The two women embraced as they met in the crowded hotel lobby, smiling and joking with just a touch of awkwardness.
Karen Brown and Gemma Coles could have been mistaken for any old friends seeing each other again after a long time apart.
But they were meeting for the first time. And until two years ago, they were strangers. Then Gemma contacted Karen, out of the blue, on Facebook, to offer her a kidney.
It was an astonishing act of altruism that would not only change both of their lives but would help change the landscape of organ donation in the UK.
Mother-of-two Karen, from East Grinstead, West Sussex, had been diagnosed with chronic kidney failure, and, struggling to find a donor because of the unique composition of her blood, had posted about her situation online.
In 2012, for two people who had met only via social-networking sites to help each other in this uniquely generous way was unprecedented. But now, thanks to Karen and Gemma, new published guidelines mean that anyone wishing to become a living donor can offer to give up a kidney or part of their liver to a complete stranger they have found via social networking.
Not only do the guidelines help to address the challenges faced by people like Karen who struggle to find a suitable donor among friends or family, but they also recognise the real opportunities presented by social networking which, until recently, simply did not exist.
Sadly, Gemma, 35, was not a suitable match for Karen, 42, who did undergo a successful transplant operation in April after receiving a kidney from an unknown altruistic donor on the organ register. But transplant chiefs say it is “only a matter of time” before the first British Facebook organ donation takes place.
Allan Marriott-Smith, of the Human Tissue Authority (HTA), said it began receiving questions about Facebook donations in 2010. It has now given enhanced training to 50 of its 150 independent assessors to allow them to work out, via detailed interviews with donors and potential recipients, whether people meeting via the internet are genuine.
“The legal requirements to living organ donation are the same regardless of how people meet,” he said. “The donor must not have been placed under duress or coercion, they must have given their consent in an informed way, and no reward should have taken place.
“It’s almost certain we will see a case of donation where people meet via social networking ... I think it is only a matter of time.”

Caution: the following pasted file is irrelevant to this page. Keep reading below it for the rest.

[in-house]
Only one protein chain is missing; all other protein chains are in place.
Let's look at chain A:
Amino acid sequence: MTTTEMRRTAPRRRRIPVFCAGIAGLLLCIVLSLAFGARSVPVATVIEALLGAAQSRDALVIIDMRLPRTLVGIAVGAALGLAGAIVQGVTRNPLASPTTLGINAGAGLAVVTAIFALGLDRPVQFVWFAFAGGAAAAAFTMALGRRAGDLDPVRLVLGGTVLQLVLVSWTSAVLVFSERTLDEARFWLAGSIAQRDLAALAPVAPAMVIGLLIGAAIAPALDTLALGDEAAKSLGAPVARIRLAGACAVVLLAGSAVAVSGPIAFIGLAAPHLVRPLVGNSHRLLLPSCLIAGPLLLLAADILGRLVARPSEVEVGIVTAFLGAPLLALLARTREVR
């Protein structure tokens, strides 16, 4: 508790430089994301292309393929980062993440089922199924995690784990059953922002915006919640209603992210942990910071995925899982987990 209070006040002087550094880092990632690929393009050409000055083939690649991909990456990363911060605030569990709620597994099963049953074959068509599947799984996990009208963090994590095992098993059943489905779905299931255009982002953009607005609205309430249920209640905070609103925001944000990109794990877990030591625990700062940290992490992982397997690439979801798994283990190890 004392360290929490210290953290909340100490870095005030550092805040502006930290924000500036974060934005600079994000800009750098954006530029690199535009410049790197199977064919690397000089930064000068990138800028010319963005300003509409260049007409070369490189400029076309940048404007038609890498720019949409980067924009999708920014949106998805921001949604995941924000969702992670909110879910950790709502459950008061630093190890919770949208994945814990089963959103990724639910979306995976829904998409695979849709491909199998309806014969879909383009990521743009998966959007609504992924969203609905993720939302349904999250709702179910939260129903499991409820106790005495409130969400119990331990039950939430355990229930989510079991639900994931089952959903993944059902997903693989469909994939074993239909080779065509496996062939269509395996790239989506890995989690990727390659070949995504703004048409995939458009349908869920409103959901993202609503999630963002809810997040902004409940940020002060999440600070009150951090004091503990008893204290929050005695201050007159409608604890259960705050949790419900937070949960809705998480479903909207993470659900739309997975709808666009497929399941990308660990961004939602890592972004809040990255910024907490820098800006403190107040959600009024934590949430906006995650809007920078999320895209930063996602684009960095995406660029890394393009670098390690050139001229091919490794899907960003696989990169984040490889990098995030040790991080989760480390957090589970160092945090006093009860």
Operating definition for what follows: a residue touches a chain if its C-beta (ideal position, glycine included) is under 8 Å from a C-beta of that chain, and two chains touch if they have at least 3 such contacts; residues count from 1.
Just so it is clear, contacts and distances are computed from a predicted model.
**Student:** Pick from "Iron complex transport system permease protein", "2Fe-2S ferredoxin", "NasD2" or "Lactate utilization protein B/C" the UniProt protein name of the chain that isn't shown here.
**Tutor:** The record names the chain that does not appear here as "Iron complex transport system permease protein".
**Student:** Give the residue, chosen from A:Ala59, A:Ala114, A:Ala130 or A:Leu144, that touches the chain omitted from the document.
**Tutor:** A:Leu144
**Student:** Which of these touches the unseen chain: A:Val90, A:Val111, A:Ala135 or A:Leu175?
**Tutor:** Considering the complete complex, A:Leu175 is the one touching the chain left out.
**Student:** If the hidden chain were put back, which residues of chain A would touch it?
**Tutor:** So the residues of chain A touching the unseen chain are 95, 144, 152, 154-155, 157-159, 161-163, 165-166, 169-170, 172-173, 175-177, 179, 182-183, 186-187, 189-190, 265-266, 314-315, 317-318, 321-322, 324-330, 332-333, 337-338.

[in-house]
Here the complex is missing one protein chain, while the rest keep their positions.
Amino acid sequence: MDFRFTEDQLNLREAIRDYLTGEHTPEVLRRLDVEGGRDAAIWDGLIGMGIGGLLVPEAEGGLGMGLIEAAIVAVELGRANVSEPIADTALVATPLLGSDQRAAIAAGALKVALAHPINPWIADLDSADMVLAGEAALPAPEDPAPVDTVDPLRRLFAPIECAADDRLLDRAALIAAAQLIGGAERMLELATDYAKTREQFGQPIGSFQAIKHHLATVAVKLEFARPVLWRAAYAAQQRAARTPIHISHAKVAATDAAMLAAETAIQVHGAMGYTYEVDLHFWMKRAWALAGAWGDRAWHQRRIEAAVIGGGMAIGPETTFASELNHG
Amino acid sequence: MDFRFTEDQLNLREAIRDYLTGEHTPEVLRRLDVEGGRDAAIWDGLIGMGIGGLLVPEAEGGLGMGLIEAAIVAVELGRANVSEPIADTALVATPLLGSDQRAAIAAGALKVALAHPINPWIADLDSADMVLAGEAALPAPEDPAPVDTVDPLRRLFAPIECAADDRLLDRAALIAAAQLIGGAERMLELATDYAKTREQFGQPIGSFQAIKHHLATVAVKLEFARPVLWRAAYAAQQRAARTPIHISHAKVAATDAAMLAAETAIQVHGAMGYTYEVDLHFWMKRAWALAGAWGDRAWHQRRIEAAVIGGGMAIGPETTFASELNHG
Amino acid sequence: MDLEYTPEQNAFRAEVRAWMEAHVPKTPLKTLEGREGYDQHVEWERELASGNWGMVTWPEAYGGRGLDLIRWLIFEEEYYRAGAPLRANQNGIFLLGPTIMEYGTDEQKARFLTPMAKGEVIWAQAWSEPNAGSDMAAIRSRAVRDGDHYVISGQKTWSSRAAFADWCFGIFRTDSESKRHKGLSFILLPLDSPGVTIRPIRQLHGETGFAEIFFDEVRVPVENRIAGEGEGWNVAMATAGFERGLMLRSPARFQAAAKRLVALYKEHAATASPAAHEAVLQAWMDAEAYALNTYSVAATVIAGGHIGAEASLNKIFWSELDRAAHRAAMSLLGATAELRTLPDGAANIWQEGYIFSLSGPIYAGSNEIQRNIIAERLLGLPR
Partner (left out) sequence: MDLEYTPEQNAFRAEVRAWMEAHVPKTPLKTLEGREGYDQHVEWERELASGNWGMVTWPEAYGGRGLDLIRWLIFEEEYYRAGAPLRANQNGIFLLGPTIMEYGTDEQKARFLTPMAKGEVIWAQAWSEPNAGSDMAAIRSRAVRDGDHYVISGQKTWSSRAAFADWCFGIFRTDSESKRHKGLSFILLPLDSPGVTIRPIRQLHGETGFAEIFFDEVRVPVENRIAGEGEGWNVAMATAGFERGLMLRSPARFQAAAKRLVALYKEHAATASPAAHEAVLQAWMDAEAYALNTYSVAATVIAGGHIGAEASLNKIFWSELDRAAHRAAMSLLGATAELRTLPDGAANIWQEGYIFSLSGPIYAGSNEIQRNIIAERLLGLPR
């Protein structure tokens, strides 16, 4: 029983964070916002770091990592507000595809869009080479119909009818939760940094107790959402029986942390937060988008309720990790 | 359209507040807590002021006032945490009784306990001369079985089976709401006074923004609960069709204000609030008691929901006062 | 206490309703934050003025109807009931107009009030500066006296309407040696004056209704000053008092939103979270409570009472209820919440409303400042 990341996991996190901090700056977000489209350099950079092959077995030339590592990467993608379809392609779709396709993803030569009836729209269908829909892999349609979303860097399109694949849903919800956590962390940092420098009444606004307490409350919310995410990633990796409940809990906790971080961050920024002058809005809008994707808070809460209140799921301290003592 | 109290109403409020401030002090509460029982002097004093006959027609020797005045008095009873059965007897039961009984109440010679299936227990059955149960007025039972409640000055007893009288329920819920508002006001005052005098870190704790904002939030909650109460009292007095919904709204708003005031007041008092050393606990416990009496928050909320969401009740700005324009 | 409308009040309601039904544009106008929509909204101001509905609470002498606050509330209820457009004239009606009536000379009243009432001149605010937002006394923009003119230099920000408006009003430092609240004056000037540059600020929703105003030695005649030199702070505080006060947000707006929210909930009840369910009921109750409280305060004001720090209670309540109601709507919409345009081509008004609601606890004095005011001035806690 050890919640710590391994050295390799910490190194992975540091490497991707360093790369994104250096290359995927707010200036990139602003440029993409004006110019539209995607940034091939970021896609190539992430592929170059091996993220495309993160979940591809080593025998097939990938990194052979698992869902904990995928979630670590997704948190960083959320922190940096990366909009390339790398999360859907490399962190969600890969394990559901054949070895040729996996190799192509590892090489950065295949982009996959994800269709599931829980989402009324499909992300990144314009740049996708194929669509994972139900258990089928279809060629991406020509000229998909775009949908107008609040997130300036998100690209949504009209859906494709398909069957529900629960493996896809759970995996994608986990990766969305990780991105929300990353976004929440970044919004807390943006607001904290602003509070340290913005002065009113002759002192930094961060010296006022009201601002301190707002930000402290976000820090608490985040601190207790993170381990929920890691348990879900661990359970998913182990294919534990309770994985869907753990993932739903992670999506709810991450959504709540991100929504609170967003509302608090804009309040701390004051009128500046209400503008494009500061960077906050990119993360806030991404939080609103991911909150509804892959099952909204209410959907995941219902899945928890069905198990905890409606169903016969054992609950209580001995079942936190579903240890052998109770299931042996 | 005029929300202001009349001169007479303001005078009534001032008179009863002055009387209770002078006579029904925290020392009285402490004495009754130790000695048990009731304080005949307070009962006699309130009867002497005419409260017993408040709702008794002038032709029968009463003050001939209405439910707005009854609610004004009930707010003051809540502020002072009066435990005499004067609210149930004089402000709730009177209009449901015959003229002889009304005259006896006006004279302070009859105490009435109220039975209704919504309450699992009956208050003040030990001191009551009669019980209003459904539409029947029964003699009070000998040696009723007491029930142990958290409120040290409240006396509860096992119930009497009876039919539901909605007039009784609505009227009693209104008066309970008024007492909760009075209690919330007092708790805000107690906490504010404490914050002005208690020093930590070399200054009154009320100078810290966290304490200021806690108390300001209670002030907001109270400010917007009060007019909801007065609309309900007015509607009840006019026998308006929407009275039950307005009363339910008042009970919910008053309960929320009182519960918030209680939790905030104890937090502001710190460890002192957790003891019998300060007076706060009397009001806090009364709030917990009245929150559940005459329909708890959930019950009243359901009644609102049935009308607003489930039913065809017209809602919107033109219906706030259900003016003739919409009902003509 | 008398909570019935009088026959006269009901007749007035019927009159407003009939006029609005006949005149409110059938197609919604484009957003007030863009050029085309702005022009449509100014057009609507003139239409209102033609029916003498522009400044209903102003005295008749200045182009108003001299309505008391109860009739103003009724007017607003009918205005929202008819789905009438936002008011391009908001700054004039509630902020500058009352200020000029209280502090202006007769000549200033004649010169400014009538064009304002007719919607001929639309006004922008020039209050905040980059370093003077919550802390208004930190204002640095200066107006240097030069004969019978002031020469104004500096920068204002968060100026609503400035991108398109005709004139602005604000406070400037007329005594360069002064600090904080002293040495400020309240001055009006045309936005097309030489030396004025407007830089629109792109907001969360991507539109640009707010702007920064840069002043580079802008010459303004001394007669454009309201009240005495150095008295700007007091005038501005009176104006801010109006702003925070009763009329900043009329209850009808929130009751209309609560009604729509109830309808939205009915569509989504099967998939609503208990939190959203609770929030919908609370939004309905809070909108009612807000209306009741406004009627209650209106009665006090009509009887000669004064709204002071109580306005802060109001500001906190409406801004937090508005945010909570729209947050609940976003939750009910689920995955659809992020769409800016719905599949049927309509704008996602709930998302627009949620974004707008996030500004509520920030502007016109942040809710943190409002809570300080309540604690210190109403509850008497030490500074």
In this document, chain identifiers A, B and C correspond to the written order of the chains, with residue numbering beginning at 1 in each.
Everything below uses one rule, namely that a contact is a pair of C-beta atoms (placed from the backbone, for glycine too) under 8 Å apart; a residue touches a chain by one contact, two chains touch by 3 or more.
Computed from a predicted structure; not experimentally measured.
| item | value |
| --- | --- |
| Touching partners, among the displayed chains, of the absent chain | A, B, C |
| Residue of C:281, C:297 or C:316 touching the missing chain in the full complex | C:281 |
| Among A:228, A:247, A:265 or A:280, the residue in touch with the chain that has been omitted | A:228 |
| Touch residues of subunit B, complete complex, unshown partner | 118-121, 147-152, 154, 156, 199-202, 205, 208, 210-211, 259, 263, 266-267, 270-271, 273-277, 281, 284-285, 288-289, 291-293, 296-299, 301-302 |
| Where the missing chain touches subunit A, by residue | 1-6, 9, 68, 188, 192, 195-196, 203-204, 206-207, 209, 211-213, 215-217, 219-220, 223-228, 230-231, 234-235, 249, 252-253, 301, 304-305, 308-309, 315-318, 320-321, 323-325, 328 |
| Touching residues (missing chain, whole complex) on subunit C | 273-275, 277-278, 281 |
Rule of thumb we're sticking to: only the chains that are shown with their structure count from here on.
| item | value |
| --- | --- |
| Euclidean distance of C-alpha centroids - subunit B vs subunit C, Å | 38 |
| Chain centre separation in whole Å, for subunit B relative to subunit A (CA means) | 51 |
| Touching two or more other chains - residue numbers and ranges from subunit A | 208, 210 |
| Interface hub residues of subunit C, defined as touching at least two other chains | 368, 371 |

Transplant nurse Lisa Burnapp, of the British Transplantation Society’s (BTS) standards committee, said: “I’m aware of around 20 cases in progress right now. Often these are the most complex to transplant, with limited options. They can be desperate, which is why they advertise on Facebook. The chances of finding a match via social networking are small, but it’s only a matter of time before one of these cases is successful. It’s important – this is a novel area. We are feeling our way, but we are also able to see the potential of [social networking].”
Karen, a digital production executive, was diagnosed with kidney failure in 2011 and, without a transplant, faced a lifetime of dialysis. Her husband, Matt, offered his own kidney, as did friends, an elderly aunt and even the couple’s window cleaner, but none was suitable.
Then, in June 2012, a message arrived from Gemma via Facebook.
Karen said: “Gemma wrote that she’d seen my story and was really touched by it; that she felt for my family and wanted to try to help .... She’d investigated kidney donation in the past but wanted to find someone she felt a connection with.”
Gemma, who lives near Wisbech, Cambridgeshire, with husband, David, and sons, Charlie and Oliver, had decided years before that she wanted to become a living donor, but had never found the right person. Becoming an altruistic donor, and potentially never meeting the recipient, did not appeal.
“It could have been a bit X Factor – who’s got the best sob story?” Emma said. “I encountered many heartfelt stories, knowing this person was someone’s much-loved parent, sibling or friend, but each time something was missing. Karen’s story resonated and our lives were very similar. I don’t believe in fate, but from that day forward I never doubted she was the recipient I was looking for.”
Gemma recognises the controversy of her decision and even Karen’s doctors rejected the idea. Karen said: “They said, ‘Definitely not. We don’t do that. You don’t know her, you’ve never met her. We don’t know there hasn’t been any coercion. We’d never get it past the ethics committee’.
“I was blown away. I knew Gemma was genuine; a lovely person wanting to help me and my family. I got quite cross. It felt as if I was fighting for my life.”
The pair wrote to the HTA, and doctors approached the BTS for further clarity. Many months and several committee meetings later, the BTS published its professional guidelines in April 2013. Overjoyed, the women were finally allowed to begin the initial stages of testing. But it was bad news. Gemma was not a match.
“We’d worked so hard and thought it was destiny,” Karen said. “Gemma was the only one who cared enough to help in the only way that was useful. So it was devastating to have to tell her it wasn’t going to happen.”
Fortunately, an altruistic donor – a stranger Karen will never meet – was later found to be a match, and she had a successful transplant at St George’s Hospital in south London.
Gemma has now begun a new search. “Once you know what a profound effect on someone’s life it has, you wonder why more people don’t do it,” Gemma said.
“You don’t need both kidneys.”Reuse content